Step 1 of Phase 4 includes placing the “I want” symbol on the left side of the sentence strip. Step 2 is when the child takes the picture from the board and the teacher helps them to place the picture next to the “I want” symbol on the sentence strip. Step 3 of Phase 4 is when the teacher helps the child to take the sentence strip and hand it to the communication partner. Step 4 has to do with the communication partner reading the sentence strip, pointing to the symbols on the strip, and giving the requested item to the child. Step 5 involves the communication partner replacing the sentence strip in the communication book. Assistance and prompting is faded so the child eventually uses the “I want” sentence strip independently. If possible for your child, try to pause after saying “I want” to see if they make any vocalizations. Reinforce any vocalizations so that you are encouraging vocal speech.

Phase 5 of PECS

Phase 5 of PECS has to do with teaching the child to respond to the question “What do you want?” To do this, the communication partner points to the “I want” card and asks the child “What do you want?” They then fade out their gestural prompt of pointing to the “I want” icon. The communication partner should also fade out always using the question of “What do you want?” as this question will only sometimes be used in the natural environment.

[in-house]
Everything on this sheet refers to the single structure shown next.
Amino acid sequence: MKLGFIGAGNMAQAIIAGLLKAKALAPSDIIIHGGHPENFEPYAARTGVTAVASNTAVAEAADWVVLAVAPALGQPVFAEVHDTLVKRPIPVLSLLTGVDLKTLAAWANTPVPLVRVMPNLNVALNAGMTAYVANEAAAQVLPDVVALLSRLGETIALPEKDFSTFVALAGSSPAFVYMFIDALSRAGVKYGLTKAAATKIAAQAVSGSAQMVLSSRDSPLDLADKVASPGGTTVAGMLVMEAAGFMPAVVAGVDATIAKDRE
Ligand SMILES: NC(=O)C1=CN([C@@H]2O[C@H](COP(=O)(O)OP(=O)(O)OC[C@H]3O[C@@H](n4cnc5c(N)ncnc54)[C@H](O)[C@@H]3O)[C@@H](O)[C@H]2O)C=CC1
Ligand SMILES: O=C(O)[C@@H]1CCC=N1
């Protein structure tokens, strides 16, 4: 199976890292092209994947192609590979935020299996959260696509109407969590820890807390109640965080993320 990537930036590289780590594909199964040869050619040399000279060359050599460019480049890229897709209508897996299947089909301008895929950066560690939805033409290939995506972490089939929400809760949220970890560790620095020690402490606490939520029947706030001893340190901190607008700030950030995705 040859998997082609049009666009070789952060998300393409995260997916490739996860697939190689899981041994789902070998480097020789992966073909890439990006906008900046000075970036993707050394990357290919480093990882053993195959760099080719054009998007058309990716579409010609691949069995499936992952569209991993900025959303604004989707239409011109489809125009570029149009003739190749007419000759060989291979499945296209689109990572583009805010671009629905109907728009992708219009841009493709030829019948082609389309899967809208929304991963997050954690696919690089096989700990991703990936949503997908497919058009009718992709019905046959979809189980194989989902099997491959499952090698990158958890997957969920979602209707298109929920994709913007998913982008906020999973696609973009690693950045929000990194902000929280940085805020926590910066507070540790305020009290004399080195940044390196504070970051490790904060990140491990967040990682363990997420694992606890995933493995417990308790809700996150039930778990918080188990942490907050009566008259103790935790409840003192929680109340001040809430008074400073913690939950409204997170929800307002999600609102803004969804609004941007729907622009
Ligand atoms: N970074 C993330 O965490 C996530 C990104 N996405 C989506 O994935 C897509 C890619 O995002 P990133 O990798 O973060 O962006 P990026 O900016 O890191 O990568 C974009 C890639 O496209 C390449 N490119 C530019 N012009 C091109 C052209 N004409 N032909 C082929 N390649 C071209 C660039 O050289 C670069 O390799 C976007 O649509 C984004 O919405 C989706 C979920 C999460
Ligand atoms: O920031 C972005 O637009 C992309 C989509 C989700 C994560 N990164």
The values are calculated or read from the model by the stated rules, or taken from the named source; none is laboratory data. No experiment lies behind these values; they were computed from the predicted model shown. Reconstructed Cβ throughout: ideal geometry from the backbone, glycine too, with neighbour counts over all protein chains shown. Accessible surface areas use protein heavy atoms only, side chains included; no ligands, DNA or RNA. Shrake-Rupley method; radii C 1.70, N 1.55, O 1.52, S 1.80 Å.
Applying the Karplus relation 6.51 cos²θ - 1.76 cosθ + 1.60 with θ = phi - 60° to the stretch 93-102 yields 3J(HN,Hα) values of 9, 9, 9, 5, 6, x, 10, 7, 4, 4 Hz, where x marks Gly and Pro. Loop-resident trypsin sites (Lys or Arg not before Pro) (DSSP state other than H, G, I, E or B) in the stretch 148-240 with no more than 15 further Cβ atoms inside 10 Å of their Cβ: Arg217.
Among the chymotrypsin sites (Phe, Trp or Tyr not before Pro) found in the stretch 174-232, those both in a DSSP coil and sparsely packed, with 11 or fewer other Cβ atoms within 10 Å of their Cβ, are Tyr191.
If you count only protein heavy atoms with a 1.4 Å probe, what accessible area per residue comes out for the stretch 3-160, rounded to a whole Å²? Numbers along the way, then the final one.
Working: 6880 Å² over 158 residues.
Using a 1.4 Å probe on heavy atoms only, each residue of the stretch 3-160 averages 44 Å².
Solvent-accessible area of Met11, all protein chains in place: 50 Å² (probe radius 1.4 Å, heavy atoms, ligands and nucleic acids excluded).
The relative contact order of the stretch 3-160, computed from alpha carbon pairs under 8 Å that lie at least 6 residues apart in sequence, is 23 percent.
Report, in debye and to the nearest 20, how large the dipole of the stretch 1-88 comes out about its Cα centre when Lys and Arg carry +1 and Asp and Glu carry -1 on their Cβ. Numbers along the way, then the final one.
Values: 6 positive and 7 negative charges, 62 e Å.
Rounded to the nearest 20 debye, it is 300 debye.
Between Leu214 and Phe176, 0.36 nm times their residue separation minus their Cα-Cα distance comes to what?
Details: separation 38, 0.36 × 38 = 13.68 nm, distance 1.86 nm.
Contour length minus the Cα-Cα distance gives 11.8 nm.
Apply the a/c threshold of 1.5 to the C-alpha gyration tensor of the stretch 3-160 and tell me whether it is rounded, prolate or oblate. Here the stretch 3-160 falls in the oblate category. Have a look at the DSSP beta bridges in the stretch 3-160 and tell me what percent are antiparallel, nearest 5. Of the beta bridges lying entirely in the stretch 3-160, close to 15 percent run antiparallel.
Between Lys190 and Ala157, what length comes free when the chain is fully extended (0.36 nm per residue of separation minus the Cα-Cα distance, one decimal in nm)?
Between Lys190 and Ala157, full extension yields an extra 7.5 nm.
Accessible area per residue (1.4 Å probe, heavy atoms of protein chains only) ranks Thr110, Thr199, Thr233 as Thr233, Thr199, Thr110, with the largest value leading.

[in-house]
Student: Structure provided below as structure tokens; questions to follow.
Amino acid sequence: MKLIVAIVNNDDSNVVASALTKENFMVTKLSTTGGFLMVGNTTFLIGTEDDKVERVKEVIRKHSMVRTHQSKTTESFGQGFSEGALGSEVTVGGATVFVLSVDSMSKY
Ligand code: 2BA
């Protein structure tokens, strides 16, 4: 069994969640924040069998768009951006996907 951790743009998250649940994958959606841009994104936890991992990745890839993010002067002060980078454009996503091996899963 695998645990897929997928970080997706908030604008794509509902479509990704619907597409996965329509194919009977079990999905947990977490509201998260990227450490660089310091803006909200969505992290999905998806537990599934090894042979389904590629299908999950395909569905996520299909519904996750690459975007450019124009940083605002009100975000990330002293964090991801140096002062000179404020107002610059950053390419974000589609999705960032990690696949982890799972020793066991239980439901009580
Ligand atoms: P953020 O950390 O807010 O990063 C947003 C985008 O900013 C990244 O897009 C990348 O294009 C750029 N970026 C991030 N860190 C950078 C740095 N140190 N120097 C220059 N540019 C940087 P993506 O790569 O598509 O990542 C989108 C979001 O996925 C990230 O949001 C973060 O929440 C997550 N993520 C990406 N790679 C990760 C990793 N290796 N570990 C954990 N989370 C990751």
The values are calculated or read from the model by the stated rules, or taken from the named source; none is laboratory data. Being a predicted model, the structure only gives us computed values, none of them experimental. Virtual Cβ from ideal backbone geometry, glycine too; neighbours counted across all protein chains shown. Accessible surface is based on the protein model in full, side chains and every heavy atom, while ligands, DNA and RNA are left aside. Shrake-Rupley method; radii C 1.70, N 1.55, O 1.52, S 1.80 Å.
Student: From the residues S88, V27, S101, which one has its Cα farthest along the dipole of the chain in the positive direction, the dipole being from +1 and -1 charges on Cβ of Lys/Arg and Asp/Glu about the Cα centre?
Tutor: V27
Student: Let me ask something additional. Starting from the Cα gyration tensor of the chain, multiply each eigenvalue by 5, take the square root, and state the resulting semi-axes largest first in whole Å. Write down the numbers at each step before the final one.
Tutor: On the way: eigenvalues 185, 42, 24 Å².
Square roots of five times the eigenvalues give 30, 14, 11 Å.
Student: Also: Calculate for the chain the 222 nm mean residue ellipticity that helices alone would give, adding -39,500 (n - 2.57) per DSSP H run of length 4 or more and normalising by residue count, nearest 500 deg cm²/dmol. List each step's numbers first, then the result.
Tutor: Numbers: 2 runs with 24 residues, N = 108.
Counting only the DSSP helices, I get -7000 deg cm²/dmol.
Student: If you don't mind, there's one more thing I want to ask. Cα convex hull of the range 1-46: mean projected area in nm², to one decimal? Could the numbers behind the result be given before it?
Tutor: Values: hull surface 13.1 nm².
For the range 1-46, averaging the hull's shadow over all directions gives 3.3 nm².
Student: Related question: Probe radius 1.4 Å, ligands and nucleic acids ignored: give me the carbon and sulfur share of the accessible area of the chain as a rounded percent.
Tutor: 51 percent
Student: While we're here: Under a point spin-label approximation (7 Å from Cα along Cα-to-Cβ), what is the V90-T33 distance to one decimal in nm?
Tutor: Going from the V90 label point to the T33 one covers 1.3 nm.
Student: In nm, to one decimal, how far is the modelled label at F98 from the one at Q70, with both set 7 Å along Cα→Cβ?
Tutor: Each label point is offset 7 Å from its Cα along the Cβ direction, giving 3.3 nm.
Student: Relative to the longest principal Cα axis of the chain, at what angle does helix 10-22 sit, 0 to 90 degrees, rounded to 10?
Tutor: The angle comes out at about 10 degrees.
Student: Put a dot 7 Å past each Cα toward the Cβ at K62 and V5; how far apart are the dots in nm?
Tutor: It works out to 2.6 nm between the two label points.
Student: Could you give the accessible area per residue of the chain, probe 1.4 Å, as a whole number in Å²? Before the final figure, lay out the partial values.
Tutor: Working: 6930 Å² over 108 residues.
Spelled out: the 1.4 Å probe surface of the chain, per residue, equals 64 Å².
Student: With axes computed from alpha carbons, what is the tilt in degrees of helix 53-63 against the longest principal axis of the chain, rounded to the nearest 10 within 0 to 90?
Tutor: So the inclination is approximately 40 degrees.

Phase 6 of PECS

The primary goal of phase 6 of the PECS program is to teach the child to comment in response to a question. This includes teaching the child to respond to things like the phrase “What do you see?” This is accomplished by teaching the child to put an icon on the sentence strip in response to the communication partner saying “What do you see?” while holding up an item. You will teach your child to respond to the question “What do you see?” in a similar way that you taught them to respond to the question “What do you want?” At this phase, you will also encourage spontaneous commenting.

Teaching Your Nonspeaking Child to Communicate

You can expand on your child’s communication skills as much as you feel is necessary and helpful for your child. The ultimate goal of PECS (the picture exchange communication system) is to teach your child to be independent in seeking their communication book, discriminating between the picture icons, creating sentences using the sentence strip, finding a communication partner, and completing the exchange of the preferred icon for the relevant item or activity.